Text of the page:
Stocks: Know when to fold 'em

Cutting your losses can be emotionally tough. These ground rules can help you overcome your fears.

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By Janice Revell, Money Magazine senior writer

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(Money Magazine) -- After the market dealt you one bad hand after another over the past decade, you may feel relieved that your luck is finally starting to change. Stocks have shot up more than 50% since early March.

But now comes the hard part: deciding if it's time to cut your losses in some shares now that you've at least made up a little ground. There's a strong case for doing at least a little selling. Though you're probably feeling better about your portfolio than you did a year ago, stocks aren't cheap anymore -- not after enjoying their best six-month run since 1938.

And though the economy is improving, the recovery is still shaky. Then there's the fact, rally or not, that your shares likely are worth less than what you paid for them. And with year-end tax-selling season nearing, strategic selling could make sense.

Here are some simple guidelines to help you decide whether to stay at the table or cash in.

Remove the psychological barriers

Maybe you really want to sell, but you've decided not to pull the trigger until you recoup all your losses. This sentiment is so common there's a term for it: loss aversion.

Investors don't like to sell stocks that are down because that would be admitting that their original buy decision was wrong, says Hersh Shefrin, a behavioral finance expert at Santa Clara University. "It's their egos that get in the way."

But the market doesn't care whether you made or lost money in a stock. So forget what you paid -- it has no bearing on the future price.

Take a fresh look

Rather than fixating on your purchase price, consider what the stock is trading for now. Then ask yourself, Would those shares be worth buying anew at today's price?

To answer that, it's useful to compare a stock's current valuation against that of its peers, says Tom Forester, manager of the Forester Value Fund. If a stock's price/earnings ratio -- or an equivalent measure -- climbs above its sector average, Forester will typically sell. "At that point," he says, "we can find better opportunities elsewhere."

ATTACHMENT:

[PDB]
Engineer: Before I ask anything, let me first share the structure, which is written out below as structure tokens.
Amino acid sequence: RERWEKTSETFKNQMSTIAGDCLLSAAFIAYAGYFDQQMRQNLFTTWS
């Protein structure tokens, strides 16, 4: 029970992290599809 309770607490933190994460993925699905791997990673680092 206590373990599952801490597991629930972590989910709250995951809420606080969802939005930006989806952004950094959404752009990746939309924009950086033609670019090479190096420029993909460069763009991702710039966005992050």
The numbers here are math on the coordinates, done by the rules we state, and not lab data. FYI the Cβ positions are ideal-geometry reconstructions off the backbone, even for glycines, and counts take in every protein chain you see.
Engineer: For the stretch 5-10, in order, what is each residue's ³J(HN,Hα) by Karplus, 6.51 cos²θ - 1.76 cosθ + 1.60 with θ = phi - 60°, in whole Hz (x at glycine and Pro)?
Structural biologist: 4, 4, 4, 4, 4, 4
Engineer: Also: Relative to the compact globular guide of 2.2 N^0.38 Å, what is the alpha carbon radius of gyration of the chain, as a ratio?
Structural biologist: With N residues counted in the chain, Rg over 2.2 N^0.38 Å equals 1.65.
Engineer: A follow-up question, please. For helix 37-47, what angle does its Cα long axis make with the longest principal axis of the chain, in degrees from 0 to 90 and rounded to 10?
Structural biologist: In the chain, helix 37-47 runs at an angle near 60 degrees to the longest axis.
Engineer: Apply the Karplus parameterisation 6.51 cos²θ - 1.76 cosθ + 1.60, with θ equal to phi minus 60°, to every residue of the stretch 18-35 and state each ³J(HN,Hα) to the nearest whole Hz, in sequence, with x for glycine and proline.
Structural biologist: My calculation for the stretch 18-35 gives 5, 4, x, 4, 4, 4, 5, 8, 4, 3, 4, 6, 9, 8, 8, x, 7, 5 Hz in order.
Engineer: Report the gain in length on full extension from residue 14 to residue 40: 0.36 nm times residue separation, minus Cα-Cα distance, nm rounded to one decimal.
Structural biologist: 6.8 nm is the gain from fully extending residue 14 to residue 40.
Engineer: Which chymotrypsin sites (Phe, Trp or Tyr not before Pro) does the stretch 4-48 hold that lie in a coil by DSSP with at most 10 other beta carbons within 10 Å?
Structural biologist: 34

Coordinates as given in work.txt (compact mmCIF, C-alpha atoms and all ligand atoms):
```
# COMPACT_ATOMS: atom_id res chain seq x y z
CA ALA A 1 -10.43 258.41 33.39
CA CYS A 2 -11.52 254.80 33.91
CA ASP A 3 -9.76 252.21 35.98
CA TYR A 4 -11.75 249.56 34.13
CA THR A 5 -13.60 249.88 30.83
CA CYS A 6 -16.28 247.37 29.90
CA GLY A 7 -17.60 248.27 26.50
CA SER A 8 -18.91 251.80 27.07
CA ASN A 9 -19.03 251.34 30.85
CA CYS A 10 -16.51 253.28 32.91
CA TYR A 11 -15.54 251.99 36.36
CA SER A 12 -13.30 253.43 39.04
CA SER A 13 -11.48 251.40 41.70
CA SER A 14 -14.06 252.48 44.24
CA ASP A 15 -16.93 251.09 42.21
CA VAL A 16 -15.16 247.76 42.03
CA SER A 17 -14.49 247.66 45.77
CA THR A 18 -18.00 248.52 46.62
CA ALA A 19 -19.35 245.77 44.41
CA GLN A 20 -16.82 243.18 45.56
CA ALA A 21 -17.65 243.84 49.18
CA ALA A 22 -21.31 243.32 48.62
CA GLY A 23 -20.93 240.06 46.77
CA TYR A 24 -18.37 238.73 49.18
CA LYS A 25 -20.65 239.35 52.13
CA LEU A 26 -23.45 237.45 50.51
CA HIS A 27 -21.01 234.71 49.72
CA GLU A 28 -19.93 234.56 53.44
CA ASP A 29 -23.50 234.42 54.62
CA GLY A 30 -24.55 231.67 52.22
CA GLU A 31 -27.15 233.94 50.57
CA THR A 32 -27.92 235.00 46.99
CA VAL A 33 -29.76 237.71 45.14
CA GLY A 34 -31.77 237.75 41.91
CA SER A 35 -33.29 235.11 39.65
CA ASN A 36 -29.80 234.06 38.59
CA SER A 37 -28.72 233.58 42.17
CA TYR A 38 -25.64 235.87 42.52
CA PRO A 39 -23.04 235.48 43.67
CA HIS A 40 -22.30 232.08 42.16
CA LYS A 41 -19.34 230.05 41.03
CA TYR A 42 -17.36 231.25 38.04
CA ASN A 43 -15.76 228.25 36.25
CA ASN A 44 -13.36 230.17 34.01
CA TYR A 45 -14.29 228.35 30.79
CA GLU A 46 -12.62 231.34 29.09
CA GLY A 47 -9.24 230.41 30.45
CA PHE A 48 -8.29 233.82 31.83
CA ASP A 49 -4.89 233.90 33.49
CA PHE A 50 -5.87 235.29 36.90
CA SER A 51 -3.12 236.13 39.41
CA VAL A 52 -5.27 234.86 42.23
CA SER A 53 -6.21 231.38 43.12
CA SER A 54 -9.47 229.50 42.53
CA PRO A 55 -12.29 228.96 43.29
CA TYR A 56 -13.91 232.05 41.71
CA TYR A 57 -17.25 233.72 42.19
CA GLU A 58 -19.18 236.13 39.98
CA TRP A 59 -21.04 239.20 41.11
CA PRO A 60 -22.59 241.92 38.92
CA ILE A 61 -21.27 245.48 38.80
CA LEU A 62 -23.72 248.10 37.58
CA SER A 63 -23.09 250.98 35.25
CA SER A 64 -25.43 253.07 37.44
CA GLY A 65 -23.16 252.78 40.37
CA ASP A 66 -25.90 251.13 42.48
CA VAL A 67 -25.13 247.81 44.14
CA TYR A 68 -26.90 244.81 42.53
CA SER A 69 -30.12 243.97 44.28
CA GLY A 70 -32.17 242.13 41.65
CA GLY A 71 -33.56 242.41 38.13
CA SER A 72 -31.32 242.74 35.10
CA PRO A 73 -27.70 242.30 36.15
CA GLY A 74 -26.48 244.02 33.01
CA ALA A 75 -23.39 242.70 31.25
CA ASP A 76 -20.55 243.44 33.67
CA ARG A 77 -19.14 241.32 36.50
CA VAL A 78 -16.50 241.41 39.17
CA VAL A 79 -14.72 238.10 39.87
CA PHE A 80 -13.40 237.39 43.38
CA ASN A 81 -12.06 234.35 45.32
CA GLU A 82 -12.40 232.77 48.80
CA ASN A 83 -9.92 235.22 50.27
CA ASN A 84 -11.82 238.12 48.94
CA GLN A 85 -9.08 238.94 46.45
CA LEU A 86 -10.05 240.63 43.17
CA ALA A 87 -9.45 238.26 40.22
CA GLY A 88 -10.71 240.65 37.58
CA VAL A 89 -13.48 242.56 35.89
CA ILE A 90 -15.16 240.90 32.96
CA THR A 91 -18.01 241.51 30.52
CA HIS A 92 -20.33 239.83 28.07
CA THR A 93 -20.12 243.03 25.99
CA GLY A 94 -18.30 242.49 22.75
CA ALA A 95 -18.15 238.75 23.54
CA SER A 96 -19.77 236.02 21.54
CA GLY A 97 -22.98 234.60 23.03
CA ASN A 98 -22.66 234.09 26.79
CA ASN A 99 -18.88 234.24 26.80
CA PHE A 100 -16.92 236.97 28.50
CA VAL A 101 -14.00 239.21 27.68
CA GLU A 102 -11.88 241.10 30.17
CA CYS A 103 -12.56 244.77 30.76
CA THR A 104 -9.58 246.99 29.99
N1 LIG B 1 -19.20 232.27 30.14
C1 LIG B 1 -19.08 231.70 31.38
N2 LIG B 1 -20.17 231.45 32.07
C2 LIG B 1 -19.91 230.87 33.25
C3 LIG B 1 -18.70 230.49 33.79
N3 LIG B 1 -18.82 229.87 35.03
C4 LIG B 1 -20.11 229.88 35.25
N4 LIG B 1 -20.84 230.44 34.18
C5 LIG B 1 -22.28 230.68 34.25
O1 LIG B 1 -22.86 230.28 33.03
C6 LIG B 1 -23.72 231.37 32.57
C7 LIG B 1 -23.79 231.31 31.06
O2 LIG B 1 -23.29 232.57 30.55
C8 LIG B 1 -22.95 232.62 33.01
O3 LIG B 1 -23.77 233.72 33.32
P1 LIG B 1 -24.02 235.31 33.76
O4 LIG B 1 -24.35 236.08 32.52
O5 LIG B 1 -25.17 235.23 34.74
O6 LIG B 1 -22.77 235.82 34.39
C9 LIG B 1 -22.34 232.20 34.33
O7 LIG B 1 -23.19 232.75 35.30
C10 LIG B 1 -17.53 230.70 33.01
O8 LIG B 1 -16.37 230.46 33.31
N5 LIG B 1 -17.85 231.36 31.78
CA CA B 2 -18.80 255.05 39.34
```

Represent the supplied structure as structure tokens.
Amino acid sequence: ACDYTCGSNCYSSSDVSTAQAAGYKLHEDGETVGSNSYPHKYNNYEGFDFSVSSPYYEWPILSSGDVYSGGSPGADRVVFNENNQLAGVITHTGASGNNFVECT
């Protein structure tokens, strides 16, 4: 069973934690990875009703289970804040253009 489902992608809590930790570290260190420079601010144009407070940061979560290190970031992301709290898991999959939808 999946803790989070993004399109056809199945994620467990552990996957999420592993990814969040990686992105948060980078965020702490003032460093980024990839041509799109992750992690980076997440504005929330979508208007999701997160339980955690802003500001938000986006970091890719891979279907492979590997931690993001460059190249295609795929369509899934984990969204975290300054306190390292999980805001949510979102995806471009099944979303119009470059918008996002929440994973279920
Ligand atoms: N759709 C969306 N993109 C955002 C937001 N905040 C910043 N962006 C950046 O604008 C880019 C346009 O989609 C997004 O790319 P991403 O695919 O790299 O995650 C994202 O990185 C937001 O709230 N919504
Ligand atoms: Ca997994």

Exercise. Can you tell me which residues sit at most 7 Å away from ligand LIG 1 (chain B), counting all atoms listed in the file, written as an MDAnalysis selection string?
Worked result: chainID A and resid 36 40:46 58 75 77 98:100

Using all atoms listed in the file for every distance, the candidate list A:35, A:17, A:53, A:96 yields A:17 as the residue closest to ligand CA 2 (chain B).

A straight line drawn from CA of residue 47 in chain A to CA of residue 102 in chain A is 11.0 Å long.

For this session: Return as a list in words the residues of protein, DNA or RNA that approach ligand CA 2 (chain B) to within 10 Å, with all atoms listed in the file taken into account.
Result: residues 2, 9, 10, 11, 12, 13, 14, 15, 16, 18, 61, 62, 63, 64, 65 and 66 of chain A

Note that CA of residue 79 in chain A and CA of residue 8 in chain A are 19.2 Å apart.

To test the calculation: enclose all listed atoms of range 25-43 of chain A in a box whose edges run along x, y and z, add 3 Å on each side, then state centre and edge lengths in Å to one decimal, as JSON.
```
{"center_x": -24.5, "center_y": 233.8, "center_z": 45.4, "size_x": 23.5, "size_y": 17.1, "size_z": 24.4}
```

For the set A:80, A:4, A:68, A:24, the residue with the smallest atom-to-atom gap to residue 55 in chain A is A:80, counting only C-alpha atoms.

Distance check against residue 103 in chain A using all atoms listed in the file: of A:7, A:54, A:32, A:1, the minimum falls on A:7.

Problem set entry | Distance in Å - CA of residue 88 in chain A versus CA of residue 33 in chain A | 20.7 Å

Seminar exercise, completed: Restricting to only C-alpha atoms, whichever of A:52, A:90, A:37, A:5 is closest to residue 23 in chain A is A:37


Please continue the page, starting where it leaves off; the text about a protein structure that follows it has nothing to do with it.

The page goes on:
Say you own Starbucks (SBUX, Fortune 500). After a huge rally since March, its shares trade at a steep premium to their peers. Yet lattes aren't nearly the growth story they were a few years ago, when consumers didn't think twice about spending $4 for a cup. And the stock is still down more than 30% from late 2004.

At the very least, make sure the reasons for liking a stock are still there. You may have purchased Citigroup (C, Fortune 500) shares years ago, for example, because of its global dominance and earnings potential. But it's a much smaller bank now, and Uncle Sam owns a third of it. Plus the stock has quadrupled since March, yet it's still off more than 90% from its high.

Execute the trade

Once you've decided to pull the plug, you have another decision: dump all at once or sell gradually?

If you've concluded that your portfolio is better off without a stock, the logical response is to sell it all. If you need help getting past the psychological hump of letting go, try the incremental approach.

Unloading, say, a fourth of your position every quarter removes the fear of missing out on a rebound. That fear can be pronounced in a market like this, says John Nofsinger, author of "Investment Madness: How Psychology Affects Your Investing." When stocks are rising, investors fear missing gains, not the risk of suffering losses. "The irony," he says, "is investing becomes riskier after prices have shot higher."  To top of page

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